Paris — Energy giant TotalEnergies said on Friday it had gone as far as it could for now to limit the revenues going to the military junta in Myanmar while staying within a legal framework and assuring power supplies.
Total and U.S. energy company Chevron earlier this week said they were suspending some payments from a gas joint venture that would have reached the junta, earning praise from pro-democracy activists for taking an important first step.
International companies doing business in the country have come under pressure from rights groups and Myanmar’s parallel civilian government to review their operations to stop payments flowing to a military government that seized power on Feb. 1.
TotalEnergies Chairman and Chief Executive Patrick Pouyanne told a shareholder meeting on Friday that the only way to fully stop all revenues flowing to the junta would be to halt production in the Yadana gas fields, which supply power plants in Thailand and Myanmar’s domestic market.
The company has rejected this option for now, saying it would expose workers and the group to legal threats and penalise the region in terms of energy access.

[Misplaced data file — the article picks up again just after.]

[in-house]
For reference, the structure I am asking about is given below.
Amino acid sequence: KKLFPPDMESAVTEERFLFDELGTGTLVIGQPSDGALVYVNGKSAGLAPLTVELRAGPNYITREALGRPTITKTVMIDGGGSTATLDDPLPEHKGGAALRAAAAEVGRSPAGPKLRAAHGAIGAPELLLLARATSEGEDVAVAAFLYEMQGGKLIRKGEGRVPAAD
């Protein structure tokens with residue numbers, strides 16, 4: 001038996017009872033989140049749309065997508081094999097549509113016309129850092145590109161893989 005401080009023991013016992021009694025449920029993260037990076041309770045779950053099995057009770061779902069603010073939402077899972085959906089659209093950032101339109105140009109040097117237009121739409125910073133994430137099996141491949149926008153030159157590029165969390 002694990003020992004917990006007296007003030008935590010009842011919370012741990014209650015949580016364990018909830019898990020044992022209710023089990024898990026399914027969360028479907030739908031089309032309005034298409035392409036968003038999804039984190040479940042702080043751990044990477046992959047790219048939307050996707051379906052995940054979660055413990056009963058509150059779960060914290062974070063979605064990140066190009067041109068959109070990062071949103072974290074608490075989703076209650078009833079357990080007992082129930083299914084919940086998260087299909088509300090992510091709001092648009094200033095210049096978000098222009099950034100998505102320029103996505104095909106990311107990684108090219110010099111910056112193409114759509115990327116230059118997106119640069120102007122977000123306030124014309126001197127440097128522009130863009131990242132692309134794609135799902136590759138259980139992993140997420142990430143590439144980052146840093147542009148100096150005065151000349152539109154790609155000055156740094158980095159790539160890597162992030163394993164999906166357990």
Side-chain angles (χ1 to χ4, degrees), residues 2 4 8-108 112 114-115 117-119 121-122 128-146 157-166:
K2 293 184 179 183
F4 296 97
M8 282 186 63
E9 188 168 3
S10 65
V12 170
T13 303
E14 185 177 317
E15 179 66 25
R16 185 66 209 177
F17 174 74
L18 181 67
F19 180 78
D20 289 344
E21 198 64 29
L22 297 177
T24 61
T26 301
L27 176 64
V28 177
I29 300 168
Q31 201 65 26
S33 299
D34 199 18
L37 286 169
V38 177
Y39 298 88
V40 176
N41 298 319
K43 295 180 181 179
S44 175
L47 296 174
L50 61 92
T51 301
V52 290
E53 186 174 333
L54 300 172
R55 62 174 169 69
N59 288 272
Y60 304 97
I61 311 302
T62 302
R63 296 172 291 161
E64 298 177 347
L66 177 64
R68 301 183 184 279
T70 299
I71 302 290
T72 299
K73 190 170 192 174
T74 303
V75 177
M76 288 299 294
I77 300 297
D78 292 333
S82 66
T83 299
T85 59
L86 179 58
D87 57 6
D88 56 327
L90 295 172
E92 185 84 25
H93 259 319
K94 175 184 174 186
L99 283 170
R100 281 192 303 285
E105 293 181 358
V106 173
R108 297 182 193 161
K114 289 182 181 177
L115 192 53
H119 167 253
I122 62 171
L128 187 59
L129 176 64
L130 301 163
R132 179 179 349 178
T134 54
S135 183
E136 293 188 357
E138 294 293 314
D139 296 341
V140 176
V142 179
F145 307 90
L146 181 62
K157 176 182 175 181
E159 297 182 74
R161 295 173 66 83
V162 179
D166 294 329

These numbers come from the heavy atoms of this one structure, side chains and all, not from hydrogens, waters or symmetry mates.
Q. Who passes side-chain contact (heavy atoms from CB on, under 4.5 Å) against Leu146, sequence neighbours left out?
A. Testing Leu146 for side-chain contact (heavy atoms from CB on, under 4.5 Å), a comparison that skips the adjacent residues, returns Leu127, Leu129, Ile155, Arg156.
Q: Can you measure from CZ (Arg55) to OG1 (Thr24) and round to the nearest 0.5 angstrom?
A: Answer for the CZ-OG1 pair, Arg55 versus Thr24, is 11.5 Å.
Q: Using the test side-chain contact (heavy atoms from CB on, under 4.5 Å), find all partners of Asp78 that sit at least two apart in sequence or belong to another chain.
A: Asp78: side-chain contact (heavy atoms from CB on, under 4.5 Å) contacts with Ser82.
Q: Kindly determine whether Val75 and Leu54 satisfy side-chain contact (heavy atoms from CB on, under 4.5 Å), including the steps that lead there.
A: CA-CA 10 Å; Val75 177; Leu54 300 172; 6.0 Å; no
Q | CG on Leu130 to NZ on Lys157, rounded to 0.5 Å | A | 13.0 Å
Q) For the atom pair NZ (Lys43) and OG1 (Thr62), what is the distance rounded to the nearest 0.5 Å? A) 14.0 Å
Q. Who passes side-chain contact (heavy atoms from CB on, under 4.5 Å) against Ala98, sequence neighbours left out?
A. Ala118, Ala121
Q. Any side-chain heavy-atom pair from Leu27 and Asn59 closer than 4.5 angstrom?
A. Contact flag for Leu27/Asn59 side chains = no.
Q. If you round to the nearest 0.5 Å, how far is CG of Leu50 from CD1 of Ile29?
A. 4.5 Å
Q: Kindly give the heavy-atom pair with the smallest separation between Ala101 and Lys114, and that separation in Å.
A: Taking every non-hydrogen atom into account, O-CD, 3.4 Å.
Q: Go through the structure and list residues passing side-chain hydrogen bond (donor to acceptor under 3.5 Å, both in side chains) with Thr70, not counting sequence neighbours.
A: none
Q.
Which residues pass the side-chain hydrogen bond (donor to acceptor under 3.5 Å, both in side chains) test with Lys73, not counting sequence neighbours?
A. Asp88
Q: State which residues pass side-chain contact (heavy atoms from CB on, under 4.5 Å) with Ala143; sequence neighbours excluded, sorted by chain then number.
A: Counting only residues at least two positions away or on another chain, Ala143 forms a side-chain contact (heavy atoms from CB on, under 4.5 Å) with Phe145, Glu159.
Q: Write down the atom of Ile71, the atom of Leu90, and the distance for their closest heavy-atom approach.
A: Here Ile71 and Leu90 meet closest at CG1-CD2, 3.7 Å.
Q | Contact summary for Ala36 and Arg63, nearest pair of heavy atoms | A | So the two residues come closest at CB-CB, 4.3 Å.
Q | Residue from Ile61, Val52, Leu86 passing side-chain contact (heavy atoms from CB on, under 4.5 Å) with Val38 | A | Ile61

“First of all, the bulk of revenues come from the fact there’s a client that buys that production, which is Thai company PTTEP … and then there are the taxes,” Pouyanne said.
“Deciding to not pay taxes would mean we would be in breach of the law, there’s a criminal risk attached.”
Total would comply with any further sanctions imposed on Myanmar, including by the United States and the European Union, Pouyanne added.
Earlier this week shareholders in the Moattama Gas Transportation Company (MGTC) – led by Total and Chevron and which also includes Thailand’s PTTEP and Myanmar Oil and Gas Enterprise (MOGE) – voted to suspend all cash distributions.
That move will curtail revenues going to MOGE.
But MOGE, which is a state energy firm, is also an operator of the Yadana gas field, meaning it receives revenues from there.
Pouyanne said no revenues flowing to Myanmar state coffers went through offshore accounts, even though MGTC, the gas transportation company, is domiciled in Bermuda.
He said MOGE received its payments from Thai group PTTEP through bank accounts set up by the Myanmar state in Thailand, and that payments to MGTC were also made via Thai bank accounts.
A spokesman for Myanmar’s military junta did not answer phone calls seeking comment on the issue.
MGTC paid its taxes in Myanmar, Pouyanne added.
Reporting By Sarah White and Benjamin Mallet, additional reporting by Poppy McPherson; Writing by Noah Browning; Editing by Jan Harvey and Gareth Jones